Accountability. But it happens more than that. Teun van de Keuken wants to do something about the outrage and decides to contact human rights lawyer Michiel Pestman. Together, they plan to report van de Keuken for complicity in child labor. Because, as the lawyer explains, it is true that if you know that children are used as slaves in the production of a commodity, you will bear some of the responsibility if you still enjoy the candy.

The situation is most interesting: Not only does an everyday sweetener turn out to be the result of slavery and abuse, but it is also a small piece in the systemic suppression of hundreds of children – pretending to enjoy, an innocent taste experience. When responsibility is laid on van de Keuken, precedent can be created so that others, in principle, can be punished if he does. And if that doesn't happen, chocolate eating will at least be accompanied by the knowledge that child slaves have contributed to the sweet taste. The only problem is that one of the slaves must be able to testify about what has happened – without a witness there will be no trial.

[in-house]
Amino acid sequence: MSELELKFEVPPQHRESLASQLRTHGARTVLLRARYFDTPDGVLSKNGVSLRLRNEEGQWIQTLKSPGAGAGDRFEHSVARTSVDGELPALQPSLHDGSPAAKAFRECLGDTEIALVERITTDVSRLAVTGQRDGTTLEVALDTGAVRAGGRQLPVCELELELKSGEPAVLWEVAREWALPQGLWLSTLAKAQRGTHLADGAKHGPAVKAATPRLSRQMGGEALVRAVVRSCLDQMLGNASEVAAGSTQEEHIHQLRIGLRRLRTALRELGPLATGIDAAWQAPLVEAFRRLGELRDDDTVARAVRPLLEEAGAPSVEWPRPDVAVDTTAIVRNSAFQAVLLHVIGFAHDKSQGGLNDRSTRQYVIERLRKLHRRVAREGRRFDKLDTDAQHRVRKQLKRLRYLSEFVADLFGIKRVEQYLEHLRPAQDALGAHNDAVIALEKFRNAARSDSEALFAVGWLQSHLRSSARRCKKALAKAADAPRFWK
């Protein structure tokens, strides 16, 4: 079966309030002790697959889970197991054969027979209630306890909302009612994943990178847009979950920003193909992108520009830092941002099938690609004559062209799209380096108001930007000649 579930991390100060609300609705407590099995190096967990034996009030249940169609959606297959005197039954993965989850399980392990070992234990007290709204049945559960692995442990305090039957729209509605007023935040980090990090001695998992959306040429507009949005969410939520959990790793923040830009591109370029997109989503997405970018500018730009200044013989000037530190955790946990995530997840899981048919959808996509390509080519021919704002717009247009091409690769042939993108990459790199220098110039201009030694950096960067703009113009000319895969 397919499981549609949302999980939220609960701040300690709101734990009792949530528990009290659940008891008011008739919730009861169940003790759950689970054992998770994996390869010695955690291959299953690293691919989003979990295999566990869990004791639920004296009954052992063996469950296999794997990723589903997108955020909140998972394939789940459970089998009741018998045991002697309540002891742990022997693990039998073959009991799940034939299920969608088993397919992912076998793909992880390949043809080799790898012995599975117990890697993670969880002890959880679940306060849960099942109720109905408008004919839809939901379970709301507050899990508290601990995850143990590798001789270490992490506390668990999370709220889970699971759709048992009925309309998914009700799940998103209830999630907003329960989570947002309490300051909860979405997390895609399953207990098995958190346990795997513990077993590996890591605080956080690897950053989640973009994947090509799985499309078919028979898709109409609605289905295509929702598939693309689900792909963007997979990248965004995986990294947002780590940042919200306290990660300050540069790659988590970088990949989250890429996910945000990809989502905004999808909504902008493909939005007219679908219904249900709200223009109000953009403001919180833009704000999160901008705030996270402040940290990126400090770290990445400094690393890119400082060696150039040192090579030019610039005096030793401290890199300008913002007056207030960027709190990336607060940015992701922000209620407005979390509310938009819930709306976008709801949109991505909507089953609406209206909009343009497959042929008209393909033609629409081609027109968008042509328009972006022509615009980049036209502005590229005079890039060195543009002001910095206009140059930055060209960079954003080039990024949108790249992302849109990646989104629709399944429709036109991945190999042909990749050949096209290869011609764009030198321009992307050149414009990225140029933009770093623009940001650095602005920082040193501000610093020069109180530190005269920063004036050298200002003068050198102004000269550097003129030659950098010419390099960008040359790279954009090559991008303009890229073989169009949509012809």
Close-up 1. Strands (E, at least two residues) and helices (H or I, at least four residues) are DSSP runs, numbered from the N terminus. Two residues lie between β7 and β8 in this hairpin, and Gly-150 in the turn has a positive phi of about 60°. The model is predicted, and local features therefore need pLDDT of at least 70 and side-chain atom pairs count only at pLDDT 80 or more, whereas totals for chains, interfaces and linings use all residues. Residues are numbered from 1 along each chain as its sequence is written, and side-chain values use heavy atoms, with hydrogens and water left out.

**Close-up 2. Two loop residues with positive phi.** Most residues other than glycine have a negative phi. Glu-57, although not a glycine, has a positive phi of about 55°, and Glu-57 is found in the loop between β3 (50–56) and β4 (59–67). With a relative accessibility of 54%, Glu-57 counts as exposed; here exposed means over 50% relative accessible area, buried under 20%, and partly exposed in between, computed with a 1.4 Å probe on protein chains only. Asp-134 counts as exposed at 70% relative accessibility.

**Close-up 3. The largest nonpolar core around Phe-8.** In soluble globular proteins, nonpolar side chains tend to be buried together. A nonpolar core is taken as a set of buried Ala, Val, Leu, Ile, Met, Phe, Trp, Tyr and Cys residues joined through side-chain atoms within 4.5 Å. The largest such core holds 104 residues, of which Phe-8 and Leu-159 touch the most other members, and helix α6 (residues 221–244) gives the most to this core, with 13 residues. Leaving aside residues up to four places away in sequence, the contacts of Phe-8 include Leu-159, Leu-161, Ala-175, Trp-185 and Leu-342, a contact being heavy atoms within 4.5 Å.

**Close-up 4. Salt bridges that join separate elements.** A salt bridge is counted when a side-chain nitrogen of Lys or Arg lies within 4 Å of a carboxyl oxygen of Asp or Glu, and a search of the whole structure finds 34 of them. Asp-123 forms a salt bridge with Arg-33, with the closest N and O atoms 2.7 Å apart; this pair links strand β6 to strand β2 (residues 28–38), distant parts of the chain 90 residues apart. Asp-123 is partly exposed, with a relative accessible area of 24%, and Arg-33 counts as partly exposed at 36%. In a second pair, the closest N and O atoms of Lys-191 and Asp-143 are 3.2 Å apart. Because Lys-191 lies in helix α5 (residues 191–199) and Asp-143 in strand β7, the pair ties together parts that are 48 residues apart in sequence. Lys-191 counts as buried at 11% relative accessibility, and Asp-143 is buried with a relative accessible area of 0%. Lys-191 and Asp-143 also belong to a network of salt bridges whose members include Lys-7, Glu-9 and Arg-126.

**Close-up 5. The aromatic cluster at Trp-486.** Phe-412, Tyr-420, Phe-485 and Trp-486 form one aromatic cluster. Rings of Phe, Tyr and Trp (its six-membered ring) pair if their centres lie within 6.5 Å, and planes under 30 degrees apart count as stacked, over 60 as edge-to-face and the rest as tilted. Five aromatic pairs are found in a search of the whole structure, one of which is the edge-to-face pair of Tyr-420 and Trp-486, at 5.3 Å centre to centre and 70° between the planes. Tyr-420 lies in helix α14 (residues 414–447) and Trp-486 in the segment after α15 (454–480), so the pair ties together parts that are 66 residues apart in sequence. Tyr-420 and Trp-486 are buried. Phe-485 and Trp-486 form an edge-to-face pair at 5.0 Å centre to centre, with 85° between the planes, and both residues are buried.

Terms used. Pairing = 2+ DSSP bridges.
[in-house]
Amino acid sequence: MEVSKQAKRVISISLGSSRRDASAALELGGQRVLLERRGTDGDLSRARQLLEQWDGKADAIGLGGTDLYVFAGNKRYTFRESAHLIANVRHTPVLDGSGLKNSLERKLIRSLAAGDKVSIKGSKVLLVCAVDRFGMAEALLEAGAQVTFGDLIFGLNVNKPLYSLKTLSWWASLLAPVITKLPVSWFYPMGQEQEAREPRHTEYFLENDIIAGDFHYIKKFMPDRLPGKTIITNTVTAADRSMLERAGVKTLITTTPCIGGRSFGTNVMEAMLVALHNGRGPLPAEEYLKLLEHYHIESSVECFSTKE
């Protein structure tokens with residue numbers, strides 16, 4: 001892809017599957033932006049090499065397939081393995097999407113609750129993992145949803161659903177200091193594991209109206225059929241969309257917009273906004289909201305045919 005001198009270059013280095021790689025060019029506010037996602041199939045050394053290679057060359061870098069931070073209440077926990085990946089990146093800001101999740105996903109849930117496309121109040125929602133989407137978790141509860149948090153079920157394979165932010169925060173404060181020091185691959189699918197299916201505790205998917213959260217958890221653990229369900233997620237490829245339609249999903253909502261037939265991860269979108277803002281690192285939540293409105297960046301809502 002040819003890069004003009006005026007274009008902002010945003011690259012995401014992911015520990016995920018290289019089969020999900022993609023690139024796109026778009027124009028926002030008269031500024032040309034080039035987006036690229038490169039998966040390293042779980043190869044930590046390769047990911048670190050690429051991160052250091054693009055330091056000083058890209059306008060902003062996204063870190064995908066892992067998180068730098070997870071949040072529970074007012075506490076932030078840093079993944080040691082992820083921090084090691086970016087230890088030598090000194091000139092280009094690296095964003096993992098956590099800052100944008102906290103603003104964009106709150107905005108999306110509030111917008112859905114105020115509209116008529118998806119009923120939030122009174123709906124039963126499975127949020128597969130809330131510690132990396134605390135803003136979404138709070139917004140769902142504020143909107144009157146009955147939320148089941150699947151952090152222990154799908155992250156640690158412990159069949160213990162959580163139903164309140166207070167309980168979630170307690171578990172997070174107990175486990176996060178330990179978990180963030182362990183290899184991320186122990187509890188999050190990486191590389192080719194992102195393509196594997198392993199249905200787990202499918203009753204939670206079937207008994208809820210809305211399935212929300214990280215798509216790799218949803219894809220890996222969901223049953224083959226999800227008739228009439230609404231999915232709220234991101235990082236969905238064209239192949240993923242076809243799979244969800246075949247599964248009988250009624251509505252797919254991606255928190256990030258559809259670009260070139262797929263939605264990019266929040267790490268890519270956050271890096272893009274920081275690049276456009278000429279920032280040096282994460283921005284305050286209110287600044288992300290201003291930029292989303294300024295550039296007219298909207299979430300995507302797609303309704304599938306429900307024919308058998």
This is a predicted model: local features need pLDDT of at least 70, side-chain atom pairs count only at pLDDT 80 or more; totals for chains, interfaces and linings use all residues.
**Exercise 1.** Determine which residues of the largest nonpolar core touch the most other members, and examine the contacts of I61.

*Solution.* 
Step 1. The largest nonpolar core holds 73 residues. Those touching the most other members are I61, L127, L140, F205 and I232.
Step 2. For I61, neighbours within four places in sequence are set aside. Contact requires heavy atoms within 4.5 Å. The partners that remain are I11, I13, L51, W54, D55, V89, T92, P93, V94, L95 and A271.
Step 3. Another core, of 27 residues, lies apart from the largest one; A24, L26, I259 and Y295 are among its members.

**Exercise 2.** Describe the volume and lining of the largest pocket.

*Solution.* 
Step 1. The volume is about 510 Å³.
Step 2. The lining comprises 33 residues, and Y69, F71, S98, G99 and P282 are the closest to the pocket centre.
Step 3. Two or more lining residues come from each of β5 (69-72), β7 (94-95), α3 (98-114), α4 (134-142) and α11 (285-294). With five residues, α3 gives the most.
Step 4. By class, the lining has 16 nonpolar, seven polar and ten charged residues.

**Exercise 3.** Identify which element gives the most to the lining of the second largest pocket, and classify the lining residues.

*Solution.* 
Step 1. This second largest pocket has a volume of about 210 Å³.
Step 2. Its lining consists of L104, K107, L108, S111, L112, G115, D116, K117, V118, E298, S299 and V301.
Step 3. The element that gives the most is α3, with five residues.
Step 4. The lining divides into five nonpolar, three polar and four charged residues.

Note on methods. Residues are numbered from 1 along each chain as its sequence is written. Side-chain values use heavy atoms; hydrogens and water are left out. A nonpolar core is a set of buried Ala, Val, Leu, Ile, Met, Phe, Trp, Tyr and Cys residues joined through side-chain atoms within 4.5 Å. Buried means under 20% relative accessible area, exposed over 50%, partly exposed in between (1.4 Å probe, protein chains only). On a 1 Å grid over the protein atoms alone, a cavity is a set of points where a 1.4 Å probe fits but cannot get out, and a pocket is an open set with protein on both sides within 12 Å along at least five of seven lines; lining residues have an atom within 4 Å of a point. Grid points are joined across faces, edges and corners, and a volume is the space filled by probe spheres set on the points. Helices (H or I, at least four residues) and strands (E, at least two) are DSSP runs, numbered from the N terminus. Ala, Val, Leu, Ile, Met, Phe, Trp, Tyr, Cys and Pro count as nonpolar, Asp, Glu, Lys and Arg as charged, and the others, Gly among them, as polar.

What he finds is shocking, because not only are the children slaves, but they are constantly at risk of being killed if they refuse to comply.

The Archive of Suffering. So van de Keuken goes to Africa and seeks out those who have actually worked for western chocolate interests and sweetmeats. What he finds is shocking, because not only are they slaves, but they are constantly at risk of being killed if they refuse to comply. Protecting one of the others will "disappear into the night," creating a climate that opposes any kind of alliance and solidarity within the oppressed.

Big brands like Nestlé buy their chocolate in African countries that use children in slave labor. IN The Chocolate Case we are introduced to some of the stories of slaves: The film acts as an archive for their suffering. One moment's pleasure is linked to a cruel world populated by suffering children, who may end up dead: One by one, they stand in front of the camera and give this invisible part of the candy production a face that you won't forget.

They accuse you of not knowing – and because you haven't tried to find out who they are. But now you know.